September 11th … Always a Good Day to Reflect

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For many people, September 11th is our ‘JFK in Dallas’ or ‘Pearl Harbor’ … it is the ‘where were you when’ of our generation. It is very easy to look around our country and world and divide things up as pre/post 9/11 … and some of those are good and others are very bad and others quite sad. But there is a clear impact – we are a country that has now been essentially at war for 13 years, which means kids growing up now have a very different view of the world than kids born in the 80s or 90s or before.

The image above is of a pottery item my older son had made back in 2008. Here is what I wrote about it at the time on an old blog:

A couple of days ago I picked up the pottery my kids made during their two-week drama camp at the end of summer. They made several items, which augmented the singing, dancing and acting work they also did in the class. We only heard about a couple of items, so it was great going through the ‘unveiling’ process and seeing how differently the two boys think. But one thing in particular was fitting – and striking – to see this week.

It is amazing to me the extent that September 11th has become ingrained in the reality for these kids. They were preschoolers when it happened, and we didn’t shield them from it the way many other parents did. This was life, history, happening right before us and to us. I know people who lost family on those planes, and have seen some of the many ways it has changed us as a people and a nation. Yet I was still surprised and touched to see my older son produce a memorial to the event while on summer vacation.

I remember that morning well.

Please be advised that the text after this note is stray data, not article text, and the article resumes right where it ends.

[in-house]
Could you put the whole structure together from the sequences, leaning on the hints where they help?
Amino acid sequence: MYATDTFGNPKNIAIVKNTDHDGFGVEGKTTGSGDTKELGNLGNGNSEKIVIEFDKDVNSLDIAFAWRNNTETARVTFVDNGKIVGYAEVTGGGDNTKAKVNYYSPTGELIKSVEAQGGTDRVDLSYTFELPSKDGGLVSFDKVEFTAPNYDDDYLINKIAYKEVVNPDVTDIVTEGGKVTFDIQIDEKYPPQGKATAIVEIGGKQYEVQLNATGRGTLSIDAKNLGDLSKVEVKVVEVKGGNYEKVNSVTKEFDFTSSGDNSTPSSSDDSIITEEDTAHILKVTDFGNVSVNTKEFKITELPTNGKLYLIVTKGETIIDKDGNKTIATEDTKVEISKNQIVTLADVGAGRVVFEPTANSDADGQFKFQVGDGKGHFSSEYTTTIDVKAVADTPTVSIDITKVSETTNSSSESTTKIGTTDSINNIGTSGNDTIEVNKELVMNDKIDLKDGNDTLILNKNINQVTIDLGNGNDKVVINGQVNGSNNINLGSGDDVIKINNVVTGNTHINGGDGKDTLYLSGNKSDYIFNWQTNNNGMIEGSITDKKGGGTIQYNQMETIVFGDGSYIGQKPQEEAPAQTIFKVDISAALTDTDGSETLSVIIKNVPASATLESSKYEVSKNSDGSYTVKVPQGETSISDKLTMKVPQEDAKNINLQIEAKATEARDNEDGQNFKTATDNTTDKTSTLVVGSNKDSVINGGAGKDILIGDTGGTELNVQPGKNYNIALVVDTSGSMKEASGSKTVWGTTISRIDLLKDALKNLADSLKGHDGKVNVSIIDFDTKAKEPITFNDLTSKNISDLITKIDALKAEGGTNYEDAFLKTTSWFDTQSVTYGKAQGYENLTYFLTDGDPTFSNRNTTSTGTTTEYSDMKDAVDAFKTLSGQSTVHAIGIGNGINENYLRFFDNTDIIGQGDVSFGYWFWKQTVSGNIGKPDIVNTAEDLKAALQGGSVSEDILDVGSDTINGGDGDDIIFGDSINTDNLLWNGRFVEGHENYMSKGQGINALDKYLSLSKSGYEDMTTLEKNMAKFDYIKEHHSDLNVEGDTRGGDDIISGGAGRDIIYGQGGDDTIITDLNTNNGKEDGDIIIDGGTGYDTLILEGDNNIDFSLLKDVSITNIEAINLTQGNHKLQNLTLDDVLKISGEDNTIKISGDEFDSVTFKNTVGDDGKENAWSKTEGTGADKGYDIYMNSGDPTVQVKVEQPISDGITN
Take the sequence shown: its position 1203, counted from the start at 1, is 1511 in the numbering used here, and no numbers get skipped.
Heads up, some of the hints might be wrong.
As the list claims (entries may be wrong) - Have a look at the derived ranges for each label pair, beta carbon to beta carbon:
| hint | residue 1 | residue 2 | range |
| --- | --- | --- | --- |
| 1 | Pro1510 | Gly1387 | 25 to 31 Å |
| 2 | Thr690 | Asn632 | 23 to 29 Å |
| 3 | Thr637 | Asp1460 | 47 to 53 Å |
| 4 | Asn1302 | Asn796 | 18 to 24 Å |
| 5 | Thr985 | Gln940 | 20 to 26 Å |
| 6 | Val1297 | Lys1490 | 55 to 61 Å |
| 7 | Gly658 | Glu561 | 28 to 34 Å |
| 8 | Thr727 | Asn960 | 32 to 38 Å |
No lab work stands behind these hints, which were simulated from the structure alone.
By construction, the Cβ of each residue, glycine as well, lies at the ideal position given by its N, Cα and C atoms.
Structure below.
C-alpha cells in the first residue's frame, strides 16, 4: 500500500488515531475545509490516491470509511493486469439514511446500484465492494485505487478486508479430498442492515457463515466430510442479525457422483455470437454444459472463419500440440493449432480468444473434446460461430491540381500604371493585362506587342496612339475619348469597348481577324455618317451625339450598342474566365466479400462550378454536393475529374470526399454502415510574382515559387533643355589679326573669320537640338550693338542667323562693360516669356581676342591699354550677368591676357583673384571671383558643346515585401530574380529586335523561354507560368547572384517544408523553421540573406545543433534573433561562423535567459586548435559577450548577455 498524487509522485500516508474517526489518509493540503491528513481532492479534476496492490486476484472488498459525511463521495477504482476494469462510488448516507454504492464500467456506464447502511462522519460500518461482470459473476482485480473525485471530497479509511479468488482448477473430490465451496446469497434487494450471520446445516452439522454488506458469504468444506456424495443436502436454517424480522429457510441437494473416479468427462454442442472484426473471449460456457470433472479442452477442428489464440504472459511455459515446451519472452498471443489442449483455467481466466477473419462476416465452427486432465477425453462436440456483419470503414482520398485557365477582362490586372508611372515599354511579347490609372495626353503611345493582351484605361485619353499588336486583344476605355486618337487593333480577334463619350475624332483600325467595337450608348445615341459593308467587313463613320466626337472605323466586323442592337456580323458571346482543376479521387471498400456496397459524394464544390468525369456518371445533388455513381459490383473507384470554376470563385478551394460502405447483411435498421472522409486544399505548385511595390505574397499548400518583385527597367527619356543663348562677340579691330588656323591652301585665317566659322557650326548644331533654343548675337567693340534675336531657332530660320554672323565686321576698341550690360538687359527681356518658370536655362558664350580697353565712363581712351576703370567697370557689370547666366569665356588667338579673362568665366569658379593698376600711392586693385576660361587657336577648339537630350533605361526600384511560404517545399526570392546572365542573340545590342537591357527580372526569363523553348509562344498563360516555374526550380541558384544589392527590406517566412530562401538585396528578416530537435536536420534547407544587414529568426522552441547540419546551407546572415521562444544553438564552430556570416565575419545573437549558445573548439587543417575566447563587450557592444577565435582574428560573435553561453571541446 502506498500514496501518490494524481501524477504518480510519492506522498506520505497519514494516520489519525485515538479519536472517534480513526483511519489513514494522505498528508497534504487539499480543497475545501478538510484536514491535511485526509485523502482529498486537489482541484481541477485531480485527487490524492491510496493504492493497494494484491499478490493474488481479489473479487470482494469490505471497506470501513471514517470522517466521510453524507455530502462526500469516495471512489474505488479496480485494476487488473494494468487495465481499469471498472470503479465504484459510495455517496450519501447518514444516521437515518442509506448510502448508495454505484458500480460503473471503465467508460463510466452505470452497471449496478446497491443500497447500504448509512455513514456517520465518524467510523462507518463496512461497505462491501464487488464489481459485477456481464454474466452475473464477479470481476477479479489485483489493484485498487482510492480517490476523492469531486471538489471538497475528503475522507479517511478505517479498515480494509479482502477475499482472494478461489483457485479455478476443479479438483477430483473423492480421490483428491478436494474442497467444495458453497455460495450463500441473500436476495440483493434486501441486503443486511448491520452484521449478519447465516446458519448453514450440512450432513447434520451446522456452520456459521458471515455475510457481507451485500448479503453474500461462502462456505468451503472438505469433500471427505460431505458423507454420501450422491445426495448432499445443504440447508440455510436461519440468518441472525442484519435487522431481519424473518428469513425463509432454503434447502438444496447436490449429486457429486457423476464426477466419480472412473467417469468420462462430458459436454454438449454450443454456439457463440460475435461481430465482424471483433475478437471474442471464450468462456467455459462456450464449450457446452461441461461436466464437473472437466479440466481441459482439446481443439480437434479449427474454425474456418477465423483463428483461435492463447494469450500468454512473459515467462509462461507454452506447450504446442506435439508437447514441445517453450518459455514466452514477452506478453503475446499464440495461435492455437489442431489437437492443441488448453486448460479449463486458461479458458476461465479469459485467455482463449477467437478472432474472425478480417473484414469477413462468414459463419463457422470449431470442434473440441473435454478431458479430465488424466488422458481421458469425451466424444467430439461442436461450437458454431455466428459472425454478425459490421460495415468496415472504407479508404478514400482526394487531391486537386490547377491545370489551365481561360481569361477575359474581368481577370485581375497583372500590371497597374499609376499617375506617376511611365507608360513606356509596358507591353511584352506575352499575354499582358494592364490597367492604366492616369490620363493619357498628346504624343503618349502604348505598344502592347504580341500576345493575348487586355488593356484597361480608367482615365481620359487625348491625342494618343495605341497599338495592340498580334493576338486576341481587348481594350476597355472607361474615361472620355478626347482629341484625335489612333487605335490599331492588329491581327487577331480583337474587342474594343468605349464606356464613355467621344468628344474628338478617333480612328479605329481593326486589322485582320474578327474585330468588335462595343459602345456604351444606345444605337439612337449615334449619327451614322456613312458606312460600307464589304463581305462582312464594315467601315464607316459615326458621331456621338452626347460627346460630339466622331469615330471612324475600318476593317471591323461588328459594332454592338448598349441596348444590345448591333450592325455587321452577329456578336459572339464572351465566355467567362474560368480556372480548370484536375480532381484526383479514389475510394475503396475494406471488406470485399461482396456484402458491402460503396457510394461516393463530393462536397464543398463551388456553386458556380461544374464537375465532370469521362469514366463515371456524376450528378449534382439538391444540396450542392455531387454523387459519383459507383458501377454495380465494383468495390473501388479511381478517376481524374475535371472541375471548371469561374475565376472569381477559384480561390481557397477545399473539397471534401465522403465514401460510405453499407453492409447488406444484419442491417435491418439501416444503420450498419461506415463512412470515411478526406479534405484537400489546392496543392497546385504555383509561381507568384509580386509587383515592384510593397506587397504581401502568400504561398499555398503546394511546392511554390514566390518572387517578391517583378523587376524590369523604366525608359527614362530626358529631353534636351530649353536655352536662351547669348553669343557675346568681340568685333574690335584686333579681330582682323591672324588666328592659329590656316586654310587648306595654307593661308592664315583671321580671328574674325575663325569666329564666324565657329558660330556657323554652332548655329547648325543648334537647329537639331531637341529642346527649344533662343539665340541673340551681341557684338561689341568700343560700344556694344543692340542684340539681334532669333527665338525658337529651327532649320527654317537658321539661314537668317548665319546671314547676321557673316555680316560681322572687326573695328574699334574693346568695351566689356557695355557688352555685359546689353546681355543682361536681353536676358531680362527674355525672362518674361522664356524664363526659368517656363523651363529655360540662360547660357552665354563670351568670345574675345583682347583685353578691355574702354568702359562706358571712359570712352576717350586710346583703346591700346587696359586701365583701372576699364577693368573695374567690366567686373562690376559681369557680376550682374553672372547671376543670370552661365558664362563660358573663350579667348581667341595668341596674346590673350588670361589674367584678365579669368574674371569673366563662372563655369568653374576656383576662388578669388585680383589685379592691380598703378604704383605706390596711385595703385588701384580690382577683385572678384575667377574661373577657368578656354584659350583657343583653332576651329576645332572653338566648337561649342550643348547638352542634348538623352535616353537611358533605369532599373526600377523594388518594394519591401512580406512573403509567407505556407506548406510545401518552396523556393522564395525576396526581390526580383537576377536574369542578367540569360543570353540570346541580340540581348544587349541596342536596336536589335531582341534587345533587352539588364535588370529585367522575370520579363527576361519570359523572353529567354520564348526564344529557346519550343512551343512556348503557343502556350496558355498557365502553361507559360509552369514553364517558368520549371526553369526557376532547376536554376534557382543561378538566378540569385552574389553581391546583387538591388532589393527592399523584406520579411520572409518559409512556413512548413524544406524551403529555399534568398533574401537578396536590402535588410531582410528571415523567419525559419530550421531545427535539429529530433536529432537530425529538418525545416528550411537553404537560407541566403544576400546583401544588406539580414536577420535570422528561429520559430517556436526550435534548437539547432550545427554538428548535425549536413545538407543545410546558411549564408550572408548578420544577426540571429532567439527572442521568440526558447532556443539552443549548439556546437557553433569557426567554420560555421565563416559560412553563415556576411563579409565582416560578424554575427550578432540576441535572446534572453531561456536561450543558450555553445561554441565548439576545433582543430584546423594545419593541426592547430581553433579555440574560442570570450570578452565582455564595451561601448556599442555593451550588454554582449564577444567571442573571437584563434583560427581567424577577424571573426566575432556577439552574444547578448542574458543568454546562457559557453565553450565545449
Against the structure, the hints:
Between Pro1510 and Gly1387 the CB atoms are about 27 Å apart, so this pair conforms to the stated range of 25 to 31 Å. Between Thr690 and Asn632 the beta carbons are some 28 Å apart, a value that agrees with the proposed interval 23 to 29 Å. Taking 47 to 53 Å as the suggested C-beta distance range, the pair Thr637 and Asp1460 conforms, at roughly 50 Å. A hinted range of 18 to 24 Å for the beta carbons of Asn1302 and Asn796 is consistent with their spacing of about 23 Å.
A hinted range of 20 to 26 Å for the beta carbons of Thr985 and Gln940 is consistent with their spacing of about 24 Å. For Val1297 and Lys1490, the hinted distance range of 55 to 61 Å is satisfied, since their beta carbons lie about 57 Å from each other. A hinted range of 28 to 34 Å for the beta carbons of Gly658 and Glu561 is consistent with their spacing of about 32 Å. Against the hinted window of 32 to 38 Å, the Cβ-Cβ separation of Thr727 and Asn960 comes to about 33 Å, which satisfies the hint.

My wife was at the park with Danny while Chris was at half-day preschool. Chris was 3, and Danny was about to turn 5. When she went to the preschool there were people crying and she learned there. We were in Massachusetts, so we were closely tied to events. At my work, the sister-in-law of a coworker was on one of the planes, and I walked through as she got the news … and it was awful.

Where was I? I was at work, and had a colleague visiting from California working on a joint project … and she then got stuck in Massachusetts for more than a week, while her husband and family were justifiably very upset having her stranded across the country. We were looking at data we’d collected and suddenly there was a news flash and we went to the CNN site and saw the second plane hit live … it was surreal.

It is always said that 9/11 is not the day to discuss any of the things that came after – the wars, deaths of hundreds of thousands from those wars, increases in invasive security and loss of many rights in exchange for more protection from threats, an upswing in militarism, decrease in tolerance and respectful discourse, and so on… but neither does any day ever seem to be the right day. But I agree that 9/11 should be kept for the memories of those lost and a time that is gone.

All I know is that day changed all of America … it is another step in the ‘loss of innocence’, and a painful reminder of how fleeting life can be when someone bent on destruction crosses our path. So take a moment today to be thankful for those you love who are around today, those who serve our country in any way, and those who use their time in non-military ways to spread the ways of peace and love and tolerance throughout the world.

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12 thoughts on “September 11th … Always a Good Day to Reflect

  1. Beautifully written. I can remember the exact moment I heard what was happening, I was eating lunch while living abroad in Brazil, it was my Junior year of college. We had arrived the week prior so we were just getting acclimated. We were rushed out of the restaurant by some teachers at the University and they brought us to a room where we watched the news and they tried to translate it since it was all in Portuguese. I remember exactly what I was thinking, feeling and what I wore that day. It will always be one of those days that I’ll carry with me.

  2. I think that one of the most profound impacts of September 11 can be seen in the fact that it made us stop and take stock. Of everything–our country, our families, our safety, and what drives us. I don’t think that the fear needs to live on, but the lessons should.

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